Prevalence of Central Nervous System Polypharmacy and Associations with Overdose and Suicide-Related Behaviors in Iraq and Afghanistan War Veterans in VA Care 2010–2011

Garen A. Collett, Kangwon Song, Carlos A. Jaramillo, Jennifer S. Potter, Erin P. Finley, Mary Jo Pugh

Research output: Contribution to journalArticlepeer-review

25 Scopus citations

Abstract

Background: The increase in the quantities of central nervous system (CNS)-acting medications prescribed has coincided with increases in overdose mortality, suicide-related behaviors, and unintentional deaths in military personnel deployed in support of the wars in Iraq and Afghanistan. Data on the extent and impact of prescribing multiple CNS drugs among Iraq and Afghanistan Veterans (IAVs) are sparse. Objectives: We sought to identify the characteristics of IAVs with CNS polypharmacy and examine the association of CNS polypharmacy with drug overdose and suicide-related behaviors controlling for known risk factors. Methods: This cross-sectional cohort study examined national data of Iraq and Afghanistan Veterans (N = 311,400) who used the Veterans Health Administration (VHA) during the fiscal year 2011. CNS polypharmacy was defined as five or more CNS-acting medications; drug/alcohol overdose and suicide-related behaviors were identified using ICD-9-CM codes. Demographic and clinical characteristics associated with CNS polypharmacy were identified using a multivariable logistic regression model. Results: We found that 25,546 (8.4 %) of Iraq and Afghanistan Veterans had CNS polypharmacy. Those with only post-traumatic stress disorder (PTSD) (adjusted odds ratio (AOR) 6.50, 99 % confidence interval (CI) 5.96–7.10), only depression (AOR 6.42, 99 % CI 5.86–7.04), co-morbid PTSD and depression (AOR 12.98, 99 % CI 11.97–14.07), and co-morbid traumatic brain injury (TBI), PTSD, and depression (AOR 15.30, 99 % CI 14.00–16.73) had the highest odds of CNS polypharmacy. After controlling for these co-morbid conditions, CNS polypharmacy was significantly associated with drug/alcohol overdose and suicide-related behavior. Conclusion: CNS polypharmacy was most strongly associated with PTSD, depression, and TBI, and independently associated with overdose and suicide-related behavior after controlling for known risk factors. These findings suggest that CNS polypharmacy may be used as an indicator of risk for adverse outcomes. Further research should evaluate whether CNS polypharmacy may be used as a trigger for evaluation of the current care provided to these individuals.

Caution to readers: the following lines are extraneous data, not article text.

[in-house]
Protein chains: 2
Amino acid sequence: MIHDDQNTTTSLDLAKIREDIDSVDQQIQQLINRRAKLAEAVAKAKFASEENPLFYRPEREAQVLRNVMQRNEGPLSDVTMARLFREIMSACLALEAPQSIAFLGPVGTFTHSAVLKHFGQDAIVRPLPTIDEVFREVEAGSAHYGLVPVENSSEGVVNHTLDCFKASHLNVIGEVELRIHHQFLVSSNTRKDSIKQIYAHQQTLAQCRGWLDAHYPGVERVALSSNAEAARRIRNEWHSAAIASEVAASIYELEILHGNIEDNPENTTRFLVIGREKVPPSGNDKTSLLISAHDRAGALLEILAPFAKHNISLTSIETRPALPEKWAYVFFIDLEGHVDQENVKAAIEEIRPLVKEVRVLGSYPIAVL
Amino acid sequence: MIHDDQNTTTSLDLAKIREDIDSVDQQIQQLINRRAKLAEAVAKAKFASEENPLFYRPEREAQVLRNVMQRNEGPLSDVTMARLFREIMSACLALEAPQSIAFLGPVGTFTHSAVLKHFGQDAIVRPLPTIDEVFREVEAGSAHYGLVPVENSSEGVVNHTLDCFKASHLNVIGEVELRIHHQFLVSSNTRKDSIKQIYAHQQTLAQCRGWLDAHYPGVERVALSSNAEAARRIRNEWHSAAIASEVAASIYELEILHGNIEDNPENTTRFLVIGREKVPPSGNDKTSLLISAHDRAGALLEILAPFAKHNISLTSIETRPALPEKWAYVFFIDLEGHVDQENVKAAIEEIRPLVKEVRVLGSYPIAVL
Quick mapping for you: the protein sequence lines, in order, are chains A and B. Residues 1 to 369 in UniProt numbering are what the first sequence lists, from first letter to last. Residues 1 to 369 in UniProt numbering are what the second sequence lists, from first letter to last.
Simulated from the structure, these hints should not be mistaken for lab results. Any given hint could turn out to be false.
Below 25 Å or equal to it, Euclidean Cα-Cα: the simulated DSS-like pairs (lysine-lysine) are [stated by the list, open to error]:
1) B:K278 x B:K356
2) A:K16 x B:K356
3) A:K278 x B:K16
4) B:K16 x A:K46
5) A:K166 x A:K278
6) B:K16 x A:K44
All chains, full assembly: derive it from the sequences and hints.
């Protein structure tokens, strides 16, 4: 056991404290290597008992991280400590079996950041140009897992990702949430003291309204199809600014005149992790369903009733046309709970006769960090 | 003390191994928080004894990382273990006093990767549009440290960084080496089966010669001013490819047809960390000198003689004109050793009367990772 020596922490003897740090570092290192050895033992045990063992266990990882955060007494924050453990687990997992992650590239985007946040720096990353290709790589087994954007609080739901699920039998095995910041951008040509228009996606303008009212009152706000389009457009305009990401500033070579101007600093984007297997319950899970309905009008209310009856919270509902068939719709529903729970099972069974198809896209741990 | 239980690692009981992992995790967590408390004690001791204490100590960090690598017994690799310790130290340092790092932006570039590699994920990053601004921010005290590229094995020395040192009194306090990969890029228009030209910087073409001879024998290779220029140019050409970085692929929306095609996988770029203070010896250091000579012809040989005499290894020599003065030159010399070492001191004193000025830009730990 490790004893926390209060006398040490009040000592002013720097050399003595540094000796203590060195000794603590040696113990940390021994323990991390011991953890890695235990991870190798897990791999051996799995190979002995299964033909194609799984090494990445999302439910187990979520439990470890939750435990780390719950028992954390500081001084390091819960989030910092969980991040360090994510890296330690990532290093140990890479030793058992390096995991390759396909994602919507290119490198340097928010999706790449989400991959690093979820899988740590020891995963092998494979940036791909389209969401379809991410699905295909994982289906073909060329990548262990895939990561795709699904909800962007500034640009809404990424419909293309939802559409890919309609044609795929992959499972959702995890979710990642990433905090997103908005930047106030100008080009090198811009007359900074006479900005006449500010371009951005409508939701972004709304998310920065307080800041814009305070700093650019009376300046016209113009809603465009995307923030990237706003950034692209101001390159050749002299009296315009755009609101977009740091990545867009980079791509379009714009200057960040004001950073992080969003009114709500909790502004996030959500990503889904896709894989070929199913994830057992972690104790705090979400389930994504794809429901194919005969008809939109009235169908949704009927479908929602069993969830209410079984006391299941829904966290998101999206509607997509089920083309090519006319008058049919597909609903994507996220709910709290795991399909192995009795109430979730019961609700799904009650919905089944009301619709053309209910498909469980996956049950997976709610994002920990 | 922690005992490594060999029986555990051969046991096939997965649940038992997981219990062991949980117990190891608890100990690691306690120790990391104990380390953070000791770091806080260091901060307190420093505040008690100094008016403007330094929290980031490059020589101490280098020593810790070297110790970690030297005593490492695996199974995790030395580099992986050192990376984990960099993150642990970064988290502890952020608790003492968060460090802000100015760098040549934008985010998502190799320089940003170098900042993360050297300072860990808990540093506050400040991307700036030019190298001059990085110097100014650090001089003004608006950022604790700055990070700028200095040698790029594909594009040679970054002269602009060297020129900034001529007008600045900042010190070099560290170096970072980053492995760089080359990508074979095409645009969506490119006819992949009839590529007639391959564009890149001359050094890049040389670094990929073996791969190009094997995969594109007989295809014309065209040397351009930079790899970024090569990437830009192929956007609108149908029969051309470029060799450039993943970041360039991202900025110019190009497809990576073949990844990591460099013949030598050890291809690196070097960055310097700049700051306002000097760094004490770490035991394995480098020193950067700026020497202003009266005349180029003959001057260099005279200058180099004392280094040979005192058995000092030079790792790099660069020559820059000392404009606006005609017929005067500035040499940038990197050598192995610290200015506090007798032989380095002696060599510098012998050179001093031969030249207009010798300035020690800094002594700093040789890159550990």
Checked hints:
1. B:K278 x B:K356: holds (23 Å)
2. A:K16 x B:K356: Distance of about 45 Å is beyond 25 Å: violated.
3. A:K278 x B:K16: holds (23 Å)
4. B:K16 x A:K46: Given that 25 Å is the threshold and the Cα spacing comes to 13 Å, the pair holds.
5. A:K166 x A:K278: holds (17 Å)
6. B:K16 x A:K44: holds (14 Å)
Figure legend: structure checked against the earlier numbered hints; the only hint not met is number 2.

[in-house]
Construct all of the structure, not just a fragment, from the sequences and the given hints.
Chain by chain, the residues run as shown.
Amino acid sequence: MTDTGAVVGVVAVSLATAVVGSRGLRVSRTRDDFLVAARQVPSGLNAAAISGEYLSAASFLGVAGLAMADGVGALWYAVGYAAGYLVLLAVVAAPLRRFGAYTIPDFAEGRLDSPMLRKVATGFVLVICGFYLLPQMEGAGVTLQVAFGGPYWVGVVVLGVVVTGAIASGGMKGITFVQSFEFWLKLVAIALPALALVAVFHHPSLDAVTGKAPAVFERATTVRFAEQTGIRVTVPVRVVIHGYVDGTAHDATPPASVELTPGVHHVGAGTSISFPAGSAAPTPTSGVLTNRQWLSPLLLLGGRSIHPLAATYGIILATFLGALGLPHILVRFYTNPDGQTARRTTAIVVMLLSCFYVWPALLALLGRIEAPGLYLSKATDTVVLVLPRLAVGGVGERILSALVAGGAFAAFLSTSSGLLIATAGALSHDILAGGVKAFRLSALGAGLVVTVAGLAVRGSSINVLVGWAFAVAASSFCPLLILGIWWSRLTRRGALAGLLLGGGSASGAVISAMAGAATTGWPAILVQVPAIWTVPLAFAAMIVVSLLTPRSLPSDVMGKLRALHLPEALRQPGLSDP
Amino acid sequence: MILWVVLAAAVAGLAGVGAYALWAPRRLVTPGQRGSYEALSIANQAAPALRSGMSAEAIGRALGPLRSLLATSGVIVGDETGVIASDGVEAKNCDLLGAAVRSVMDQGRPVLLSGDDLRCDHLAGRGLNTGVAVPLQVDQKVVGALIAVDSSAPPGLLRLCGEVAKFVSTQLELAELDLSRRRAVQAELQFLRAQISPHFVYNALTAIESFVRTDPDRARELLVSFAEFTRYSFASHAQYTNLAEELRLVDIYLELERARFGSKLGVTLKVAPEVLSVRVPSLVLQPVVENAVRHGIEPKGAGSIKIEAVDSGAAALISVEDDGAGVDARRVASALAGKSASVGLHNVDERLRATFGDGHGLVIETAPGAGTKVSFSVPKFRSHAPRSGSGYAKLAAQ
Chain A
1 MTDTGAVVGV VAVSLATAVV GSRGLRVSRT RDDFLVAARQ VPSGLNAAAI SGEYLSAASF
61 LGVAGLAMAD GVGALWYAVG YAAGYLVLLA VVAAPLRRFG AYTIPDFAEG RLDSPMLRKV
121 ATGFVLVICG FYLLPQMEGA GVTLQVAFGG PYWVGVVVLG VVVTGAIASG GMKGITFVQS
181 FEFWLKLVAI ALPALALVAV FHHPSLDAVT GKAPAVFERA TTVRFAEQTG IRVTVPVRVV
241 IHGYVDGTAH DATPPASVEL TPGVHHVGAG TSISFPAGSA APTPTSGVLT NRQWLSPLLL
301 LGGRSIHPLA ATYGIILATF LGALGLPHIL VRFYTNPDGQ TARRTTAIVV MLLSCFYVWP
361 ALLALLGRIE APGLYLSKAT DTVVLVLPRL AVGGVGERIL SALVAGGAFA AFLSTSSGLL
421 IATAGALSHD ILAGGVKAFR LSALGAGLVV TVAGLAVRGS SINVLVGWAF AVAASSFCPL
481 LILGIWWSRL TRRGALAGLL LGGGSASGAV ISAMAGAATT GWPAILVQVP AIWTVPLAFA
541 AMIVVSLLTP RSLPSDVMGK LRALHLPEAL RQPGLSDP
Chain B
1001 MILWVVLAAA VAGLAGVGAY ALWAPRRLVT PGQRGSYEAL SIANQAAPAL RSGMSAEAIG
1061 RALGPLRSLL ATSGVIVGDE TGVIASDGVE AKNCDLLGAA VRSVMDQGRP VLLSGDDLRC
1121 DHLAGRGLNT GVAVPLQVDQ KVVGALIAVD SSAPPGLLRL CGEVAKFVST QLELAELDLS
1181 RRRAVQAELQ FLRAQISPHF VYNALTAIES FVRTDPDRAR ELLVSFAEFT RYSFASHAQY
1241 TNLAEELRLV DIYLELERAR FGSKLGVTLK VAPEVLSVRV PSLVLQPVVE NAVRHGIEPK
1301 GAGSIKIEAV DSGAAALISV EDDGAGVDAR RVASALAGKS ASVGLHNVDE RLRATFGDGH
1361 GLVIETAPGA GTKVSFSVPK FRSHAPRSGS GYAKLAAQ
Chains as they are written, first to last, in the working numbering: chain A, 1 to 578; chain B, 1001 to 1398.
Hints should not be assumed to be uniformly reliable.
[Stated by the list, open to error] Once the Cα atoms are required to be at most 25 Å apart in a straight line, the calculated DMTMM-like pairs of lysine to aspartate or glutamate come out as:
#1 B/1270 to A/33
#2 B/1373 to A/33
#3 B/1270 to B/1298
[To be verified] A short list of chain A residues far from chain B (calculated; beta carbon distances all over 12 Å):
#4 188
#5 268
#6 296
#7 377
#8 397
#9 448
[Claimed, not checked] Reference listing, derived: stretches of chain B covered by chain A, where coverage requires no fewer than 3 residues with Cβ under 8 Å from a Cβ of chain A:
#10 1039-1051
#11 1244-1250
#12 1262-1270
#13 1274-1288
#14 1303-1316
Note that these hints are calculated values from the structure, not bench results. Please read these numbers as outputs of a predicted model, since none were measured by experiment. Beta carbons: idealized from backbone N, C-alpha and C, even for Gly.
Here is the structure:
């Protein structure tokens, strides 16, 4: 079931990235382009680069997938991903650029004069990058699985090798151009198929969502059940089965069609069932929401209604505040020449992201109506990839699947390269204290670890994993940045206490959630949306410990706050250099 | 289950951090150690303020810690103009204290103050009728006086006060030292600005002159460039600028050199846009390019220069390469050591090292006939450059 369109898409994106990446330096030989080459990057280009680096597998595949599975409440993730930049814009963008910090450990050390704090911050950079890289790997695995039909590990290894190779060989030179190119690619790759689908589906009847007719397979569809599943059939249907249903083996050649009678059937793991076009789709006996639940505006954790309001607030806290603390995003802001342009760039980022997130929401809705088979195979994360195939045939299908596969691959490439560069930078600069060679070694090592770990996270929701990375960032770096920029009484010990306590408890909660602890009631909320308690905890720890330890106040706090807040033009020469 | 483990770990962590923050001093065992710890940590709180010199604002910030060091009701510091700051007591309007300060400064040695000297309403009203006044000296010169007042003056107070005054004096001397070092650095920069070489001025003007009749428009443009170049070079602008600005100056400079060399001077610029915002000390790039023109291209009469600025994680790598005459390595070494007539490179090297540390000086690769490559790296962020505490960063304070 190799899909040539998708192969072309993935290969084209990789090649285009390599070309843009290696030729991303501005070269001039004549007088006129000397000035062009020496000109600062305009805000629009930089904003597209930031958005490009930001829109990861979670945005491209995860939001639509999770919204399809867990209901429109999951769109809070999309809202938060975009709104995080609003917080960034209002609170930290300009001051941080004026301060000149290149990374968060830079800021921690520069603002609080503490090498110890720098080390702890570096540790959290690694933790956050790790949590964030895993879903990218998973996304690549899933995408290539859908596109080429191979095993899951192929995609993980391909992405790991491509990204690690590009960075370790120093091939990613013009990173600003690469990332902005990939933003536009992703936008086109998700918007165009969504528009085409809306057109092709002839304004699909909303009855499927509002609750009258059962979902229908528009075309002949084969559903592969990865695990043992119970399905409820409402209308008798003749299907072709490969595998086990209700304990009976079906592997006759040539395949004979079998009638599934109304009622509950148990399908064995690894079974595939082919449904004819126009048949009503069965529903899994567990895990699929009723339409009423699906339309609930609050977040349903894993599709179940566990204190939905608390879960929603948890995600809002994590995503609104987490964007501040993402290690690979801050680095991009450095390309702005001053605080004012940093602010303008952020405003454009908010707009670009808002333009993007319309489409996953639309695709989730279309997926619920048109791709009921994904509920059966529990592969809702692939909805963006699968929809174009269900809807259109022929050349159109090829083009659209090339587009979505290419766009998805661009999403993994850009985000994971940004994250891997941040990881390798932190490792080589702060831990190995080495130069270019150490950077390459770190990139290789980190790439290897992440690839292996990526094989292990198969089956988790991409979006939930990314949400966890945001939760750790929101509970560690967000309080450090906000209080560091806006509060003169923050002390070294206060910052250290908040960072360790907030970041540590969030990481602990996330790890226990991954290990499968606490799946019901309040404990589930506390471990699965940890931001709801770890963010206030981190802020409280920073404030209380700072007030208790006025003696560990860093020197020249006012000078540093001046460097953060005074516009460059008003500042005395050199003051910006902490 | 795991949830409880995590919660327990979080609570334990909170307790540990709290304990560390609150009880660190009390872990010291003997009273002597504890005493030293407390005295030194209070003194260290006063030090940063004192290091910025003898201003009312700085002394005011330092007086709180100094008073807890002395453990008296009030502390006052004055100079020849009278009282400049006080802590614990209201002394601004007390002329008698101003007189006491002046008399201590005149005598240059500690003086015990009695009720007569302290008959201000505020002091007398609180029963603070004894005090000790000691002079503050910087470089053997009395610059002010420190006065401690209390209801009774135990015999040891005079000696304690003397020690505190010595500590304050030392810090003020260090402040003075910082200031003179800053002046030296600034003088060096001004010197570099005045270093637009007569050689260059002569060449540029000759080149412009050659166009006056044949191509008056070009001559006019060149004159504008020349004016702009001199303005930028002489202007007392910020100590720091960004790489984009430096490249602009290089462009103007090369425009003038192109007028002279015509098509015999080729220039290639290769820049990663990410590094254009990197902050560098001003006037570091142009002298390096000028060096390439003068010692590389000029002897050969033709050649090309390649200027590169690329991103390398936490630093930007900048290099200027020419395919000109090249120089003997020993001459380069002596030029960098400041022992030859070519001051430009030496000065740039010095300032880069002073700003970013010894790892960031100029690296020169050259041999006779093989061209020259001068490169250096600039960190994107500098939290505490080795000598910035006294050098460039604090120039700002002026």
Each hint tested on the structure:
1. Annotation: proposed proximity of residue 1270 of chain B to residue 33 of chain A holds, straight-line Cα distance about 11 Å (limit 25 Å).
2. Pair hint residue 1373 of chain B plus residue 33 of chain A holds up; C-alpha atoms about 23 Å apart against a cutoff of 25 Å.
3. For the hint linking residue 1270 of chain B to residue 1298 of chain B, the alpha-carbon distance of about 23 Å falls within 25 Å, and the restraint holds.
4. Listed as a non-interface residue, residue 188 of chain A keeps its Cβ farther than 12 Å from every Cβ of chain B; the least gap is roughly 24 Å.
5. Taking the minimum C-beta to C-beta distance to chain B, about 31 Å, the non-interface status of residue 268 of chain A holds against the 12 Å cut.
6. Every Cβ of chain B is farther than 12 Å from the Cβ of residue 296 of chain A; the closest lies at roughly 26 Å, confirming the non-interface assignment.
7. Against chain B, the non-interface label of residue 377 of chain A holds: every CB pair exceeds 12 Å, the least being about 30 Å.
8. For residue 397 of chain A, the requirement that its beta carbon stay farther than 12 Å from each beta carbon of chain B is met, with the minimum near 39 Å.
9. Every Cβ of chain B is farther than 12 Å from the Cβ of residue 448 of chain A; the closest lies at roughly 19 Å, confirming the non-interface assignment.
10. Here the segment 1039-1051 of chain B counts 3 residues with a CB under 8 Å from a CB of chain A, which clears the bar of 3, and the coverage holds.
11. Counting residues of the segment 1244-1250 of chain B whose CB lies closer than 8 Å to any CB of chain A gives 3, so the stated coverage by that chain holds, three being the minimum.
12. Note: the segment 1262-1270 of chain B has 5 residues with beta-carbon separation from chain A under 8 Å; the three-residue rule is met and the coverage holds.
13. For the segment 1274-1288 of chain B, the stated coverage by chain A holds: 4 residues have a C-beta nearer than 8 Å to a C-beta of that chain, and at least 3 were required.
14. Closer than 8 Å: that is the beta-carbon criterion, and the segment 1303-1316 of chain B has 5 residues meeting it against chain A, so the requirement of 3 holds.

Original languageEnglish (US)
Pages (from-to)45-52
Number of pages8
JournalDrugs - Real World Outcomes
Volume3
Issue number1
DOIs
StatePublished - Mar 1 2016

ASJC Scopus subject areas

  • Pharmacology (medical)

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